It’s not exactly a new trend, but it’s a continuation of a trend that should be eating away at Apple (NASDAQ:AAPL) shareholders while delighting over-the-counter shareholders Samsung (OTC: SSNLF). That trend is that Samsung continues to grow its share of the smartphone market, taking most of that extra share away from Apple’s iPhone.
Although it still has a smaller share of the market than Samsung, Huawei has taken over the smartphone market even more during the third quarter of the year, according to new data from the market research organization on technology. Gartner.
In some ways, it doesn’t really matter. Apple has known this day was coming for a long time, and it’s already gone deep into digital services like music, video, and apps. Yet with each passing quarter that sees Apple losing share of this important market puts more and more pressure on the company’s fledgling services arm.
Apple is not part of the two-horse race
During the third quarter, leveraging the popularity of its Galaxy series, Samsung shipped a total of 79.1 million units, representing 20.4% of a slightly contracting market. Its third-quarter 2018 shipments accounted for just 18.9% of the market. Apple, conversely, saw its third-quarter shipment market share fall from 11.8% a year ago to 10.5% last quarter. The big surprise? Huawei’s share increased from 13.4% to 17.0%.
Gartner senior research director Anshul Gupta commented on the current trend:
For the majority of smartphone users, the desire has moved away from owning the cheapest smartphone. Today’s smartphone user opts for mid-range smartphones over high-end smartphones because they offer better value for money.
And the trend is indeed continuing. Since 2015, Apple’s percentage market share has gone from mid-teens to just over 10% for a few quarters now. Samsung’s share declined to a lesser extent in 2018, but it appears to be on the mend now. Huawei, despite being collaterally damaged in the China-US trade war, has been able to offset this overhang by doing particularly well in China.
Not necessarily the end of the world for Apple
Although Apple is losing market share, as has been noted, it is making more deliberate efforts to grow its digital business. It made $12.5 billion in sales of digital products and services last quarter, and while the company hasn’t fully offset its iPhone revenue decline with digital products, the margin of exploitation on software and services can be twice as high as on hardware. Apple can be just as profitable with less revenue by continuing to grow its services business.
However, misleading timing could mitigate the ominous message found in the delivery numbers alone. Gupta noted, “The iPhone 11, 11 Pro, and 11 Pro Max saw good initial adoption, suggesting that sales could be positive in the remaining quarter.” In other words, Apple’s previous quarter ended in September and Gartner’s look was only through October, but iPhone 11 demand may not have started to pick up. firm up ahead of this month as the holiday shopping season approaches.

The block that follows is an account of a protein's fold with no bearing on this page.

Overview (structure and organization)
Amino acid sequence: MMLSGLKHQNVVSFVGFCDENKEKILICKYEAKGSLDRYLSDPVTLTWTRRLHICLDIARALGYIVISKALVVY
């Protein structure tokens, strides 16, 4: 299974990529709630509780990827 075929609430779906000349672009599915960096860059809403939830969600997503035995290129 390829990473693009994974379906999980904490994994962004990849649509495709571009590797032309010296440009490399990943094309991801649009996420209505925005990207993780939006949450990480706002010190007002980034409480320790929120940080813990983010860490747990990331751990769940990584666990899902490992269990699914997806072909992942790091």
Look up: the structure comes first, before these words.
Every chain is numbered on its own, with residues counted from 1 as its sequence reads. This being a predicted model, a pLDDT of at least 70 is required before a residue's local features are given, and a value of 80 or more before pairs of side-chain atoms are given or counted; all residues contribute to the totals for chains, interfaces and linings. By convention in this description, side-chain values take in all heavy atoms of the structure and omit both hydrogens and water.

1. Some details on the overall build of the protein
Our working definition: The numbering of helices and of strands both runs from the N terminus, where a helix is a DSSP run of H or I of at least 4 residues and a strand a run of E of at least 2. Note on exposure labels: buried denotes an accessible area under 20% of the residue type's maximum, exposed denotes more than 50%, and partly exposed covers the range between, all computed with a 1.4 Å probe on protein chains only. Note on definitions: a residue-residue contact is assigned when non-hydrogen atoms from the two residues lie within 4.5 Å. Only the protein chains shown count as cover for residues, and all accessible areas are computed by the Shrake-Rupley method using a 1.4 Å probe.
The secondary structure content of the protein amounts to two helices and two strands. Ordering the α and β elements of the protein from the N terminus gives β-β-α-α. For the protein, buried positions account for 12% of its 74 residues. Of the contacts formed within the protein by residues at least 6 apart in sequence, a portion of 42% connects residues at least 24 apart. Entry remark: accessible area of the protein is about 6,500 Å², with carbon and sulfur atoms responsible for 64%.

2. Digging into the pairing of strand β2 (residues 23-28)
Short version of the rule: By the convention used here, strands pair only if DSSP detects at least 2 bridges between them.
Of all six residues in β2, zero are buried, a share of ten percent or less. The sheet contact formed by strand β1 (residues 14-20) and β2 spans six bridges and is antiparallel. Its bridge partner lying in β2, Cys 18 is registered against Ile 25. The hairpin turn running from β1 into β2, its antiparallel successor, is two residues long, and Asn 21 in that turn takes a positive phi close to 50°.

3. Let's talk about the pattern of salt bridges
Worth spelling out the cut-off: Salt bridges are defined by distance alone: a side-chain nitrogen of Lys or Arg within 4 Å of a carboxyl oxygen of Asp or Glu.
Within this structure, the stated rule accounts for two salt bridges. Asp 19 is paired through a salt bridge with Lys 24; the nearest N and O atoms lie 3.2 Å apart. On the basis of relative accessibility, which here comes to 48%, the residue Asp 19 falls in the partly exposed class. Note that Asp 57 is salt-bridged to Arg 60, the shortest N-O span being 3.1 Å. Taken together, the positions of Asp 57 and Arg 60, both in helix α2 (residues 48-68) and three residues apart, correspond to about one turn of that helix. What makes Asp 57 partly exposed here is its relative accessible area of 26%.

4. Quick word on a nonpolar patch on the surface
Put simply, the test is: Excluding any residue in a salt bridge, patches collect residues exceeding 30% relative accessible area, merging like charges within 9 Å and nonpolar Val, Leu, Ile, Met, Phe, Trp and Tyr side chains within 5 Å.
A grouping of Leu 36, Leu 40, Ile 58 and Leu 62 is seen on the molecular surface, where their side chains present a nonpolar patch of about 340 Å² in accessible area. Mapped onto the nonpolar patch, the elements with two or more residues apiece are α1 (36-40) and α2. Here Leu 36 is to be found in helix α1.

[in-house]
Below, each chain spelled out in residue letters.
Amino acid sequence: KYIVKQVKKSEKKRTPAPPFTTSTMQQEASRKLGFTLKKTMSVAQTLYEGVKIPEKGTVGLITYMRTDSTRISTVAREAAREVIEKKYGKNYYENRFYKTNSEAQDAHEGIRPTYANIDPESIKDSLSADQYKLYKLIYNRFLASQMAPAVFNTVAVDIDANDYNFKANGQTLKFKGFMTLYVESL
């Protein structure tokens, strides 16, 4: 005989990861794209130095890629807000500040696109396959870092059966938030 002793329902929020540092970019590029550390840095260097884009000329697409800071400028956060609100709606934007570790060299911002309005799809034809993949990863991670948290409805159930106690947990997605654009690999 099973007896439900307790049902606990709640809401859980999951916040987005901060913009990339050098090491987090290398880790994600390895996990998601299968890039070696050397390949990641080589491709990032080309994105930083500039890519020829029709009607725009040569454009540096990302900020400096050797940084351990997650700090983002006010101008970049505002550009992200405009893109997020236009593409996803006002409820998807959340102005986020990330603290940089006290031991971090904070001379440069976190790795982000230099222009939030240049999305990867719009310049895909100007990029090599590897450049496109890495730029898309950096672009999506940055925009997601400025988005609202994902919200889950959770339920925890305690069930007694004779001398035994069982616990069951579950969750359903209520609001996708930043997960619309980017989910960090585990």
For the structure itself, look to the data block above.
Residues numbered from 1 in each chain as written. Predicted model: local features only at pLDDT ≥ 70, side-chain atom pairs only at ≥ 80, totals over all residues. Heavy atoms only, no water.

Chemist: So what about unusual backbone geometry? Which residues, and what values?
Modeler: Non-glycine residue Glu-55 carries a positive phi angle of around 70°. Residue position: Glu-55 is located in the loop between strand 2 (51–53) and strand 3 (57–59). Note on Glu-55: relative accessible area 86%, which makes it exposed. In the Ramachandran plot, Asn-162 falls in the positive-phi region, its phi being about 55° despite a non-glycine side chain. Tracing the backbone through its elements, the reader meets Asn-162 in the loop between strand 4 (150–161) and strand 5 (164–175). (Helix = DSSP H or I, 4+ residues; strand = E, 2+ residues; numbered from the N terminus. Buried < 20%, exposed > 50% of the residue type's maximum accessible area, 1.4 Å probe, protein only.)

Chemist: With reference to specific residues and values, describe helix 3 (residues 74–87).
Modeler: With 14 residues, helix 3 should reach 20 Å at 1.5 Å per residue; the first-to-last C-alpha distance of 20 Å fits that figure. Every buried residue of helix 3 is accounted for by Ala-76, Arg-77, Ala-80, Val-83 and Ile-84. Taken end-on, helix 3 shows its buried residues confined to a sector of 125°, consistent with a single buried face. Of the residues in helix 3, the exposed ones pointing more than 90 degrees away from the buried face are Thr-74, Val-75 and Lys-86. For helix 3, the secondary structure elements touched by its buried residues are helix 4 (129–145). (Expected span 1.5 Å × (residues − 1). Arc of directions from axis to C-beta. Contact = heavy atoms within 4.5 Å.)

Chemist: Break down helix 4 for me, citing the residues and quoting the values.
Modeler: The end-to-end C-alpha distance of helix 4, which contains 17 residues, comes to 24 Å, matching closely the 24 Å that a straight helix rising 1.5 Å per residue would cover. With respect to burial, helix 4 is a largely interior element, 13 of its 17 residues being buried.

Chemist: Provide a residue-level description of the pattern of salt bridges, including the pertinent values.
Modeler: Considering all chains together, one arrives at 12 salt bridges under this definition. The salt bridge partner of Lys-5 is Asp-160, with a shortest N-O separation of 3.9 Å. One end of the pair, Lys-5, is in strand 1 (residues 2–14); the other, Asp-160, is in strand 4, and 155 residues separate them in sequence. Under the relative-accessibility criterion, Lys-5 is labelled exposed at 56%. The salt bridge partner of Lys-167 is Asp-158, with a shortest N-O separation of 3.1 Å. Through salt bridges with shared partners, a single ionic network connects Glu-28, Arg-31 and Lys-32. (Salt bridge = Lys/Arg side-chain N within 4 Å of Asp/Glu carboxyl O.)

Still, Apple’s plans to generate more service revenue are vulnerable as its total number of iPhones shipped fell last quarter, more than the market as a whole. Apple shipped just 40.8 million smartphones in the third quarter, down from 45.7 million in the same quarter a year earlier.
As for Samsung, although it is now gaining market share, its best may yet be yet to come.
Without specifically naming Samsung as a major beneficiary, Gupta noted that “waiting for 5G network coverage to expand to more countries, smartphone users are delaying their purchasing decisions until 2020.” This delay arguably favors Samsung more than most of its competitors, but since it’s not only already the market leader in smartphones, it also makes the tower chips and infrastructure that make them work for carriers. wireless.
To that end, just this week, AT&T announced that it is taking pre-orders for its first consumer 5G device, which happens to be the Galaxy Note 10+, the 5G variant.
The big takeaway
It’s a concern for Apple shareholders, of course, although it’s not one investors might have suspected two years ago. It would certainly be beneficial if more consumers owned iPhones as the company aims to better monetize its existing user base. It can do it more and more even if the total number of i-devices stagnates.
Still, a growing user base would only help that effort.
More than anything, however, investors may want to refrain from jumping to drastic, unchanging conclusions. The advent of 5G connectivity next year and the subsequent rise of the Internet of Things will really spur a wave of replacement and upgrade purchases. It’s Samsung’s fight to lose, but never say never.
This article represents the opinion of the author, who may disagree with the “official” recommendation position of a high-end advice service Motley Fool. We are heterogeneous! Challenging an investing thesis — even one of our own — helps us all think critically about investing and make decisions that help us become smarter, happier, and wealthier.